Coming soon to a quaint French village near you: Calais ‘Jungle’ refugees
Violence has broken out between migrants and the police at the giant 'jungle' camp in the French town of Calais ahead its demolition.
The site was home to up to 10,000 migrants and has been taking in up to 80 new refugees a day.
Thousands of French people across the country are protesting the government's plan to relocate the immigrants. Locals are angry over a decision to build refugee shelters in their towns.
RT: Why do you think some French residents strongly oppose Hollande's plan to relocate refugees around France?
Patricia Chagnon: There are a couple of reasons why French people are opposed against relocating the refugees around France. France has about eight million poor people who are in desperate need of the government aid and we have three million people waiting for a decent place to live in France. So they think why can [the government] find room all of a sudden for these migrants when they cannot even look after their own people. The second reason has to do with security. As we all know the majority of the migrants are single men and the French people know what has happened in Cologne and what happened around other migrant camps: lots of violence against women, sexual assault, rape and even murder. So, they are very worried about this. But the third reason is probably the most important. And it has to do with the way the socialist government has organized this. They have not consulted at all with the local population; they had not talked at all with the local politicians to see how and under what conditions it would be possible to organize this. They have simply imposed these migrants all over France. And we don’t even know where. There is a great uncertainty today in France. We don’t know exactly where the migrants are going to go. So, many places are going to see migrants arriving with the population having no idea that they are actually coming to their towns.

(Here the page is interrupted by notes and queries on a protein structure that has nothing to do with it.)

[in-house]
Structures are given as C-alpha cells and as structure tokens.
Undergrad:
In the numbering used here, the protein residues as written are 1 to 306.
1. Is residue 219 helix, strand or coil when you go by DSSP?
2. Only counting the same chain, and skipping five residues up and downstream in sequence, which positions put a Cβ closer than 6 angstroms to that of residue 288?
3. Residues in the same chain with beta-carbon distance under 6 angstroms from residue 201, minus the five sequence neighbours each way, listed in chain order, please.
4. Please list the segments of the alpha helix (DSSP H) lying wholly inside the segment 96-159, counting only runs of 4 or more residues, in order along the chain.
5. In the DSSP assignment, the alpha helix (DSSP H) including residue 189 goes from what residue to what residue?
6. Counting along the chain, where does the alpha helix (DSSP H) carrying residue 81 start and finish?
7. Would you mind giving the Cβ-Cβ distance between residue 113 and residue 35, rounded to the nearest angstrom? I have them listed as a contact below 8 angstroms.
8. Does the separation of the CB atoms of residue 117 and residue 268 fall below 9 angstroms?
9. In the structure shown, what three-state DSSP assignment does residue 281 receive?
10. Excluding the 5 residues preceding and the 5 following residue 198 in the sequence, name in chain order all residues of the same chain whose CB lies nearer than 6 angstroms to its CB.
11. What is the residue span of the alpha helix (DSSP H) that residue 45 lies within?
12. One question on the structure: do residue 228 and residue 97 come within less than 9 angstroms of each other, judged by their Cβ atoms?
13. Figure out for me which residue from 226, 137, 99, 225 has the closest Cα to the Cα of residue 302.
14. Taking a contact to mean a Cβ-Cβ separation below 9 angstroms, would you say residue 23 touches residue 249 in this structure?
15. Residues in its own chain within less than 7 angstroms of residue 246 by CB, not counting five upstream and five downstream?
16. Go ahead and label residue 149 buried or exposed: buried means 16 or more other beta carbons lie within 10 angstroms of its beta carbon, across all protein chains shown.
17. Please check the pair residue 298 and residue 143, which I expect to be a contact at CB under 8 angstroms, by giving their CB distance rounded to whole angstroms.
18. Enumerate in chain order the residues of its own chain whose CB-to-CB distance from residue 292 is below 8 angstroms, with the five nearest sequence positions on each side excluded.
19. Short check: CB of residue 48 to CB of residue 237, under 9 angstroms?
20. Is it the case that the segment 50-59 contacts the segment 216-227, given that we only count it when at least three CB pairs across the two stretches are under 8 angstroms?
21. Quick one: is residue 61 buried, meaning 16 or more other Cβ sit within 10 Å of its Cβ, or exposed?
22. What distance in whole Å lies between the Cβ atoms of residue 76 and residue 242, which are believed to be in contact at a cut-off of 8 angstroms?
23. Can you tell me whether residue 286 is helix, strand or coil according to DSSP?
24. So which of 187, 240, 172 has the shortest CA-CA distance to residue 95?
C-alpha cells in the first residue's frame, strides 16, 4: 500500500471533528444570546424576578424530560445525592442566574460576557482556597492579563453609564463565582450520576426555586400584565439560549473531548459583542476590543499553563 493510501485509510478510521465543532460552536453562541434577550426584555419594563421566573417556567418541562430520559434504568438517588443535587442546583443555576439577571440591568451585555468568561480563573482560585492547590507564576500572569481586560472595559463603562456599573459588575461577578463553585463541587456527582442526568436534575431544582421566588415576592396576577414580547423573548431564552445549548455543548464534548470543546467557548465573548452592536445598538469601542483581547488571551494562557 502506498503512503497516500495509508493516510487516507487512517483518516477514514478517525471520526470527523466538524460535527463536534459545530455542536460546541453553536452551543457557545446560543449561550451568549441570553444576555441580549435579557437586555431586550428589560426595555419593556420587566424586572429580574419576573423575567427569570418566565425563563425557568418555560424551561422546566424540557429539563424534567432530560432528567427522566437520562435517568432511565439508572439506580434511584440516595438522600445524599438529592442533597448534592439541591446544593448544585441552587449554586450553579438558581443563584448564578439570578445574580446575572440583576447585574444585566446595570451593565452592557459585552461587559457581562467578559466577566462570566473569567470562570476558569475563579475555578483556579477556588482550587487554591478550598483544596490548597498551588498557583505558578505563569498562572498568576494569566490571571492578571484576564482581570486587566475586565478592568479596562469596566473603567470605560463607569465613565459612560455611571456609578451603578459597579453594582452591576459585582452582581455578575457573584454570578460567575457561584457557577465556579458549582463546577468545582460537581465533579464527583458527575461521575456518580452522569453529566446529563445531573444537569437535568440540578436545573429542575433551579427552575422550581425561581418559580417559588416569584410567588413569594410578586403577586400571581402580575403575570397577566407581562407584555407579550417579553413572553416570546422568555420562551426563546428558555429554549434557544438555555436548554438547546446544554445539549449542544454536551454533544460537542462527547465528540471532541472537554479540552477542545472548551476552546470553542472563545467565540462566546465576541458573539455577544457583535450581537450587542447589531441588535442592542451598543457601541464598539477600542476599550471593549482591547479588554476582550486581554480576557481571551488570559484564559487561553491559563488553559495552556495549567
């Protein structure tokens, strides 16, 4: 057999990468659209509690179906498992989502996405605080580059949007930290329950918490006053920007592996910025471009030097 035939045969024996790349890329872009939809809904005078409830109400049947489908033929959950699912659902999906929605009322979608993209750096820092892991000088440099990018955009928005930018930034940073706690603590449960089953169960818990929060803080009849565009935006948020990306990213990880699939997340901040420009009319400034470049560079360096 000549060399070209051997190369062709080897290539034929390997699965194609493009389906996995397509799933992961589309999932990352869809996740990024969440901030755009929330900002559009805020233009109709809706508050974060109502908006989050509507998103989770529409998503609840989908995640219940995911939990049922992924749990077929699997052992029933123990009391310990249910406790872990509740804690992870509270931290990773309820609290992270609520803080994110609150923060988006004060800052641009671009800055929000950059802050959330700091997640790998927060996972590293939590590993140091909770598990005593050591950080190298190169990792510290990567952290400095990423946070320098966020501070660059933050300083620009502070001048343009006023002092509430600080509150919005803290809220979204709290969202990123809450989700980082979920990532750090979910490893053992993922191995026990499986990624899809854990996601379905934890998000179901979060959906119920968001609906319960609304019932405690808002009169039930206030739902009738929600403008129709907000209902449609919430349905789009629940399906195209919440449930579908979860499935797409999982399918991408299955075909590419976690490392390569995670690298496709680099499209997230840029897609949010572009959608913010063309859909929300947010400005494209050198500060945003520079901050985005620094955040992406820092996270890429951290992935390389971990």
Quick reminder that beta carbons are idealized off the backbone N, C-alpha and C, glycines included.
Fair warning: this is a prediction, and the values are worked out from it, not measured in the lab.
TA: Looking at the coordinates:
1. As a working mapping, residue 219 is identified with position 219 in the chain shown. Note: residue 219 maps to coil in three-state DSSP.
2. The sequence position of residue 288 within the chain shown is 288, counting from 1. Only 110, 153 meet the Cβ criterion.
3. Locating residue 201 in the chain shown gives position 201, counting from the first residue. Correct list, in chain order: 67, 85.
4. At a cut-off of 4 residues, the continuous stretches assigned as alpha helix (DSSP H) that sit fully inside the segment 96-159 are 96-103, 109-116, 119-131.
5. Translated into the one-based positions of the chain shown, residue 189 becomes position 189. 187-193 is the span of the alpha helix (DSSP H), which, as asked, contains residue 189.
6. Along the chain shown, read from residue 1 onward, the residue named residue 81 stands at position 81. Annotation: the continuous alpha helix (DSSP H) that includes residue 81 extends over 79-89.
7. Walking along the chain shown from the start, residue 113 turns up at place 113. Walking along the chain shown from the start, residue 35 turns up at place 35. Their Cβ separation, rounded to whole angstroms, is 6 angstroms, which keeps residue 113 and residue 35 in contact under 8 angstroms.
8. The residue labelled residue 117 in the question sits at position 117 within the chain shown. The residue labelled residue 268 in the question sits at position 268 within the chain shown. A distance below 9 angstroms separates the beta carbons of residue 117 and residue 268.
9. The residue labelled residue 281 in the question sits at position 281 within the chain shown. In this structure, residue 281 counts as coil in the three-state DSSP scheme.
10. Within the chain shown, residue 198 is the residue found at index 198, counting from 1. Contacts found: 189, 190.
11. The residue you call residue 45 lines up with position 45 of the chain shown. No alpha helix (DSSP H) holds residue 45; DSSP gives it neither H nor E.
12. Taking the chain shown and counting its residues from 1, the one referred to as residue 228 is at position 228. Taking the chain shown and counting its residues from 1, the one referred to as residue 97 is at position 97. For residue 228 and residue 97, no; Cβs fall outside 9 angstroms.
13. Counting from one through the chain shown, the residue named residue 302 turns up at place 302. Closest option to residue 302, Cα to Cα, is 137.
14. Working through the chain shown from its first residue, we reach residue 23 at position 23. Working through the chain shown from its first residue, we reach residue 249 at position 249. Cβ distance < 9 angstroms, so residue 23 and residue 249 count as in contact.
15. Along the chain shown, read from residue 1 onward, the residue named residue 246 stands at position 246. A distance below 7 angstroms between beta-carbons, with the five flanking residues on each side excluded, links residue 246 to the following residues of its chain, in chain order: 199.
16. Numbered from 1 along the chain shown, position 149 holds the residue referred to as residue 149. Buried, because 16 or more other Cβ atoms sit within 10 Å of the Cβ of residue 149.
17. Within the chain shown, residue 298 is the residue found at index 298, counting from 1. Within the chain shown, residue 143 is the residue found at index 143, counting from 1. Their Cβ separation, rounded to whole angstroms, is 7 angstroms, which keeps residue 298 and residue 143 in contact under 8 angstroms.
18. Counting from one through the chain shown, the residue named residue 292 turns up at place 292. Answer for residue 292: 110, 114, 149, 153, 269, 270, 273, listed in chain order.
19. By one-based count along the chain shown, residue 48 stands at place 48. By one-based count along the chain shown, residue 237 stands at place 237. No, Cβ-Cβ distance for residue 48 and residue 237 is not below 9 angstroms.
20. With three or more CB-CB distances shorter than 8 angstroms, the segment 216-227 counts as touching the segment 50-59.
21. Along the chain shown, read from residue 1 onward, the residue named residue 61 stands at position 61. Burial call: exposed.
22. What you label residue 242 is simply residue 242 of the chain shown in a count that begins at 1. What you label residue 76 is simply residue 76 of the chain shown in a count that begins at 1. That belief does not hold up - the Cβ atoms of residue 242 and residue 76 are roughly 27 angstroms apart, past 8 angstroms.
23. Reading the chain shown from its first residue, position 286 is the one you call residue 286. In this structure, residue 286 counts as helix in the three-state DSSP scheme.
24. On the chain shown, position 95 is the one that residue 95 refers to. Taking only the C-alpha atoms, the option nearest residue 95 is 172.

"The project of the mainstream political party is to transform French society into a multicultural society and France is not a multicultural society. When you have multiculturalism, it is always a fight and wars. It is a political project; that is why you have demonstrations in the small villages against the coming of the migrants." - Claude Rochet, professor at the Institute of Public Management.
RT: Do you think Hollande's plan will work?
PC: It is a wishful thinking, but of people who have definitely not learned lessons of the past. Remember, that in 2002 Mr.Sarkozy dismantled Sangatte. Remember we had a huge refugee camp in Calais that grew after the Kosovo crisis and in 2002 Mr. Sarkozy decided to dismantle this camp. And the result was that the migrants at that time spread all through the north of France because they still wanted to go to the UK. It doesn’t solve the problem just to get rid of the camp when the people are still there. I think this will definitely not solve the problem because the migrants that are actually being taken out of the ‘Jungle’ in Calais today, the vast majority are determined to go to the UK. So, they are going to be dispatched now all through France, but they are still going to try to get to the UK, that’s why they came here first of all.
And the reason why this will not solve the problem is because the borders of France are still open to this vast number of migrants coming in. There is no change in the policy of migrants coming to French territory, which they are going to continue doing because they want to go to the UK. Our solution for this has been very clear, and we’ve been saying this for years. We believe that we should be having humanitarian zones around the war areas where these people are coming from and we should be building hospitals, schools and accommodation there to keep these people near to the places where they live and treat their demands for political asylum from there. But once we let them all come and keep coming into Europe and into France, this problem will not stop. There are many hundreds of thousands and maybe millions of people more under stress in Africa who are trying to come to Europe.
RT: Do you expect an escalation of violence in the camp?
PC: The photos and film shots that were taken in Calais are absolutely terrifying. It looks like civil war. We must realize that less than 10 percent of the people in the ‘Jungle’ of Calais are actually voluntarily departing today. So, that means the vast majority does not want to leave. We also know that around 200 no-border activists have gone into the migrant camp and are there to resist the dismantling of the camp. It is an explosive and extremely dangerous situation. We hope there will be no violence and we could be very afraid of our police forces who are there trying to control this.
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